MILAN – In a world where public art is in danger of deterioration because of maintenance-budget restrictions, forgetfulness, or the sheer complexity of city life, some works are simply too iconic not to refurbish.

Case in point: The 2015 makeover of the “Rainbow Tower” (Torre Arcobaleno) near Milan’s fashionable, design-conscious Garibaldi district.

Built in 1964 as a workaday water tower in the Porta Garibaldi railway yards, the tower was turned into a work of art during the runup to the city’s 1990 hosting of the World Cup, thanks to an initiative of the Sports and Recreation Department of the Milan City Council and the Italian State Railways. The design and architecture firm Original Designers 6R5 Network supervised the project, which gave the tower its rainbow hues by cladding the structure with more than 100,000 ceramic tiles.

In the intervening years, the Torre Arcobaleno became as beloved an icon of Milan as Chicago’s Bean or St. Louis’ Gateway Arch. But life in a major city took its toll and the “rainbow” faded as tiles fell away and concrete crumbled.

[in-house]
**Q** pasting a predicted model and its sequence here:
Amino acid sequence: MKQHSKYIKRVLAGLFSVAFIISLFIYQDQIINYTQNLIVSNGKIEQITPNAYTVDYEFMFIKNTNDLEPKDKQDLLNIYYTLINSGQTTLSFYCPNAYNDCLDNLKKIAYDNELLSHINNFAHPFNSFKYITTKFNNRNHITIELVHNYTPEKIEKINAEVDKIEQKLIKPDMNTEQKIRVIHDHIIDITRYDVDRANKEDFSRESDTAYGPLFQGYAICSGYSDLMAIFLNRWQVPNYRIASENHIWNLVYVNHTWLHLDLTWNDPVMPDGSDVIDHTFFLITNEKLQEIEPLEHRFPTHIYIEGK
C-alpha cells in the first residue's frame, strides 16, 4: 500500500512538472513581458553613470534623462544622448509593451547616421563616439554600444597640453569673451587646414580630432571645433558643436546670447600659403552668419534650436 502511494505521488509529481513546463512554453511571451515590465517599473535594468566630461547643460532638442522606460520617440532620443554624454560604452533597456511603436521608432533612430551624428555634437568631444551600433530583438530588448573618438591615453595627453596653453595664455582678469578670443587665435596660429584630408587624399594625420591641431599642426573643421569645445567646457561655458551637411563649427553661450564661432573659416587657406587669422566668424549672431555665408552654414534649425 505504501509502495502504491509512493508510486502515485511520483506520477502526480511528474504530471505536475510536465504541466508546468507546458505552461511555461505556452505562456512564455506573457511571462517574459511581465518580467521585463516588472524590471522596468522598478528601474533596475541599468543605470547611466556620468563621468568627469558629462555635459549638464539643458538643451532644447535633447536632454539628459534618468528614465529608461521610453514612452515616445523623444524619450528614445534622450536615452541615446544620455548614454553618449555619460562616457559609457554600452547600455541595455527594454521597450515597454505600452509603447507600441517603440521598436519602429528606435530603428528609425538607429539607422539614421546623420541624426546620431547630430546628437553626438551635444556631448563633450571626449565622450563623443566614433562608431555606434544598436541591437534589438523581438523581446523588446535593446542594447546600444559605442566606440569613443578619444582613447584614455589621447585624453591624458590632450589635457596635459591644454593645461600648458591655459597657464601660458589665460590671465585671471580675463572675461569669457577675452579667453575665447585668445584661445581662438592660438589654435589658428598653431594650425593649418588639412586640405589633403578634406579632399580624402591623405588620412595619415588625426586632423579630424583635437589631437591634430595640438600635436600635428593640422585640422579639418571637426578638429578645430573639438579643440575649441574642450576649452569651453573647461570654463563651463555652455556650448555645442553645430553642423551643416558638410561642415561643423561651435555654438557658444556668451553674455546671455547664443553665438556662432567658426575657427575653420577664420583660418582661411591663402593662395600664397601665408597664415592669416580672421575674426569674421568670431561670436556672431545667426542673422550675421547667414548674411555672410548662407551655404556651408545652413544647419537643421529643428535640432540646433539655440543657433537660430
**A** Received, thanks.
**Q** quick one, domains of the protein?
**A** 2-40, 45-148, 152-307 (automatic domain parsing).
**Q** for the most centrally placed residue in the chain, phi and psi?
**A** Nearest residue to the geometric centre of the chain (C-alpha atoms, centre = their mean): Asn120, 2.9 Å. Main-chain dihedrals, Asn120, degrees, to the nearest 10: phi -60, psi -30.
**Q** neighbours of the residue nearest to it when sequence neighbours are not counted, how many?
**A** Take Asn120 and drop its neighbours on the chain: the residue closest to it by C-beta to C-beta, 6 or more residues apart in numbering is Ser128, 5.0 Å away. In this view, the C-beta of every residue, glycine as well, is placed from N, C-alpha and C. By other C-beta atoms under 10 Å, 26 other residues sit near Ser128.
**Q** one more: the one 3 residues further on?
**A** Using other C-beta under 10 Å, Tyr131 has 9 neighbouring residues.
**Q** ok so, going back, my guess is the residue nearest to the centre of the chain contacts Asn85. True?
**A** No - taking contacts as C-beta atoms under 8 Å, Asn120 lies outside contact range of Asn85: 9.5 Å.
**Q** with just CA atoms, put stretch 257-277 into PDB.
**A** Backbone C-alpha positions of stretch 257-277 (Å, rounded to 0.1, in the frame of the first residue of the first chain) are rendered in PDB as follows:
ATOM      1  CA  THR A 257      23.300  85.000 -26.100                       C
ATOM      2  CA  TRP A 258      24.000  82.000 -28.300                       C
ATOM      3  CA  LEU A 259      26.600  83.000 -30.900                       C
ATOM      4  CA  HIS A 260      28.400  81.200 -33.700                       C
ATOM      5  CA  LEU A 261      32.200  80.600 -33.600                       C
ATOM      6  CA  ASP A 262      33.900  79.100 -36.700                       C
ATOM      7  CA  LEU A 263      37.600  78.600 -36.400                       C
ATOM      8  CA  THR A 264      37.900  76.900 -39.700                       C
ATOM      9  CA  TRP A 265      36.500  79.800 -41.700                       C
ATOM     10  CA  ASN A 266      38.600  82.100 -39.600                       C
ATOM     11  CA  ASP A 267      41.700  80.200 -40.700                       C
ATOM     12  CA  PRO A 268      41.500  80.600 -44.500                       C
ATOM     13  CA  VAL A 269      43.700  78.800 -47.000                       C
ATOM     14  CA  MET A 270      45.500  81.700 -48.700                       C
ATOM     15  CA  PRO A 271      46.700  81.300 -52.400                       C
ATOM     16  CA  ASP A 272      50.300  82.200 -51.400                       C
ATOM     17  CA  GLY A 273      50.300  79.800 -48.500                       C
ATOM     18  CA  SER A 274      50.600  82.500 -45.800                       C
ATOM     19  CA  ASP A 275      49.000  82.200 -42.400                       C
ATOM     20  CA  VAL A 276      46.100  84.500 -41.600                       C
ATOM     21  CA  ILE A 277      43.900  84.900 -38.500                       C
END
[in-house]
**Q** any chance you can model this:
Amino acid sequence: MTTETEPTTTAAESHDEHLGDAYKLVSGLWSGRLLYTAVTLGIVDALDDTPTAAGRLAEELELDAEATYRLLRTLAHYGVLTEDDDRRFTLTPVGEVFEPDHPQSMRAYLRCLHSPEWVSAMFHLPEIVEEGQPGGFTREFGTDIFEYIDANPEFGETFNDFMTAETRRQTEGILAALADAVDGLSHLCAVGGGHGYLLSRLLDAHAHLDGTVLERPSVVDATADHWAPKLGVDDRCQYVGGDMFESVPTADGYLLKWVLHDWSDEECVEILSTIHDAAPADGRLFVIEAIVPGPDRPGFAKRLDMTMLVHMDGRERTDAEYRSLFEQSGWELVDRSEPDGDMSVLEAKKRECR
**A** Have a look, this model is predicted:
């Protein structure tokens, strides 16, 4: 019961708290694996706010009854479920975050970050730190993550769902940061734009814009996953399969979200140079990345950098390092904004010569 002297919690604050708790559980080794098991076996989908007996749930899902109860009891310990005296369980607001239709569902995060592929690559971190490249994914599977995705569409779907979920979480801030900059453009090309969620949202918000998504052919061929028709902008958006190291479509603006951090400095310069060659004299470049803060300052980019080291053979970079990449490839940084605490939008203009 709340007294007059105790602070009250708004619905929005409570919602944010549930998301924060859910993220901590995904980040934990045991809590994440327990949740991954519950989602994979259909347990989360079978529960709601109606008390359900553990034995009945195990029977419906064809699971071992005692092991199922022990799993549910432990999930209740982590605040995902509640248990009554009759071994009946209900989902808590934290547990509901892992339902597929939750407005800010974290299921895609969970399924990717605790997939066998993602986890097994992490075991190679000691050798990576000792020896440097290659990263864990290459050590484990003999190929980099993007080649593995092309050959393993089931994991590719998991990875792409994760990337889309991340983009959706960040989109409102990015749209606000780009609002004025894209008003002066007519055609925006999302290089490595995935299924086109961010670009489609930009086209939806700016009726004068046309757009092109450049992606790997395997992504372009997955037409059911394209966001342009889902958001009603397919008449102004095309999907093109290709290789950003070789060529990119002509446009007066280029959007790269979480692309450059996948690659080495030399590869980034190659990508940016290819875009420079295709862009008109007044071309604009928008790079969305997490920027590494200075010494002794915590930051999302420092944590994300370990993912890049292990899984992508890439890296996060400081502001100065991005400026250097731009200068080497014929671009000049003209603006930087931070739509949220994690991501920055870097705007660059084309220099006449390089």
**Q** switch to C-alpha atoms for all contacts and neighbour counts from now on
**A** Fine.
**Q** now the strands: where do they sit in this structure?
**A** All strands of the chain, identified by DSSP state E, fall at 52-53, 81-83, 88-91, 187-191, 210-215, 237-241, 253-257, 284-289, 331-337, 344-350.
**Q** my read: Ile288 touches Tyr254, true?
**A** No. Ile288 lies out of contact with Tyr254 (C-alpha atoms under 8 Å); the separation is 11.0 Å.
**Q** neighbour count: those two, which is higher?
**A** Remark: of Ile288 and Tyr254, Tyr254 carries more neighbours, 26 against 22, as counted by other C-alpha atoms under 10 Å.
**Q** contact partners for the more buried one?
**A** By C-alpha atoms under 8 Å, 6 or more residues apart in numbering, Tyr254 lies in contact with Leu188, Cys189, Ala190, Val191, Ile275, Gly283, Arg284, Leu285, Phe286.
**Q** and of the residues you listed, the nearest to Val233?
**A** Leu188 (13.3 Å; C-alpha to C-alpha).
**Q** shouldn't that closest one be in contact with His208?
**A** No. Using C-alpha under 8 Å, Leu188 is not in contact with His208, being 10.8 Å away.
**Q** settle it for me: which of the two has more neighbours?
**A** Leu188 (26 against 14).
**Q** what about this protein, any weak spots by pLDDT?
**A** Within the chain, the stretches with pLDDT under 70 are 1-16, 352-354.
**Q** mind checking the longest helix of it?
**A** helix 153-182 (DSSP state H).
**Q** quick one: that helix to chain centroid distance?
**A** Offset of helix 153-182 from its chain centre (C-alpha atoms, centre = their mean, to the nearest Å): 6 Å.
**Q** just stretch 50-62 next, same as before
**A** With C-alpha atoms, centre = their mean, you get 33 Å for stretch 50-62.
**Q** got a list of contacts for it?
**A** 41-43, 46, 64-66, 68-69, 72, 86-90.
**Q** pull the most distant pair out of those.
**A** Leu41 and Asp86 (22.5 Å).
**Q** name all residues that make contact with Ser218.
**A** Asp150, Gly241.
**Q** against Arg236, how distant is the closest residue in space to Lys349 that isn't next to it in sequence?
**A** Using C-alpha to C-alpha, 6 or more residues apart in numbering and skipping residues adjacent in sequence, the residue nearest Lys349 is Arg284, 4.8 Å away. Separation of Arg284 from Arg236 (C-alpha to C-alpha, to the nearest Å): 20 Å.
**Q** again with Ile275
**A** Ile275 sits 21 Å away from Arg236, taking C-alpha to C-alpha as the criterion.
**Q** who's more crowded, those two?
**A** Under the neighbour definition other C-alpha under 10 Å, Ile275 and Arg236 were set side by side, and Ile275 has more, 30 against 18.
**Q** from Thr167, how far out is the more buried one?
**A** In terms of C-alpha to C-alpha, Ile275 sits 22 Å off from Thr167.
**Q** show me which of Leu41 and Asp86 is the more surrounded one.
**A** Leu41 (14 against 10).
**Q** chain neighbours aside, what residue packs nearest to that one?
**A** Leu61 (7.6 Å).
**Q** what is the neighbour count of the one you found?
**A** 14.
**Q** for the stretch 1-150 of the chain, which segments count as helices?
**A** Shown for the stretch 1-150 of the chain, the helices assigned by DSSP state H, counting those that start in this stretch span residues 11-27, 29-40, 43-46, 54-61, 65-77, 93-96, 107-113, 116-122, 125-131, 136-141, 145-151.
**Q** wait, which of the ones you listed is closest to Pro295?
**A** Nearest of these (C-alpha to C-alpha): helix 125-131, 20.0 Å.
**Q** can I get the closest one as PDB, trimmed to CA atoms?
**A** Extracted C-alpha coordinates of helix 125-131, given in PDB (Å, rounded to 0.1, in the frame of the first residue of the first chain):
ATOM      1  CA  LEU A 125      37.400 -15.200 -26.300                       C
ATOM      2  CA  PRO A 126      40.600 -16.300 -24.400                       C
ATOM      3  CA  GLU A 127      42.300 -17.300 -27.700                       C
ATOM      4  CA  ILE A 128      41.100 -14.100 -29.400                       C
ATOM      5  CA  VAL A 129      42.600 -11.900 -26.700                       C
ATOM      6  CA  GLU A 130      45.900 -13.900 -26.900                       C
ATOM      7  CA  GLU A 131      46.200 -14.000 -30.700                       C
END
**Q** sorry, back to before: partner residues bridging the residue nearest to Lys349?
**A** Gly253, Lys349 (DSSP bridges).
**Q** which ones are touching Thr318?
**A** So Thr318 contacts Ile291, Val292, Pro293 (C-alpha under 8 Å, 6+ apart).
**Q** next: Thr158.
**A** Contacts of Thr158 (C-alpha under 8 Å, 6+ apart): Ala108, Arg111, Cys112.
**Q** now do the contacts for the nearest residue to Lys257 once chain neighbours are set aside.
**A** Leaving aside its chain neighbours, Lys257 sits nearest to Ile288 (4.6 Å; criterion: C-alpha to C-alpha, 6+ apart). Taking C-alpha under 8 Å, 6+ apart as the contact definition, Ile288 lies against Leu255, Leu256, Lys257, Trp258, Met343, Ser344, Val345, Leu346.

Then, as Milan prepared to host another global gathering, the food-and-sustainability-themed Expo Milano 2015, Original Designers 6R5 got together with corporate partners for the comprehensive refurbishment, which involved scrubbing off graffiti, cleaning and replacing tiles, and strengthening the roof.

The makeover was completed in just 71 days at no cost to the city, and the tower was ready to welcome visitors to the Expo, one of whose major exhibitions was a celebration of Italian ceramics.

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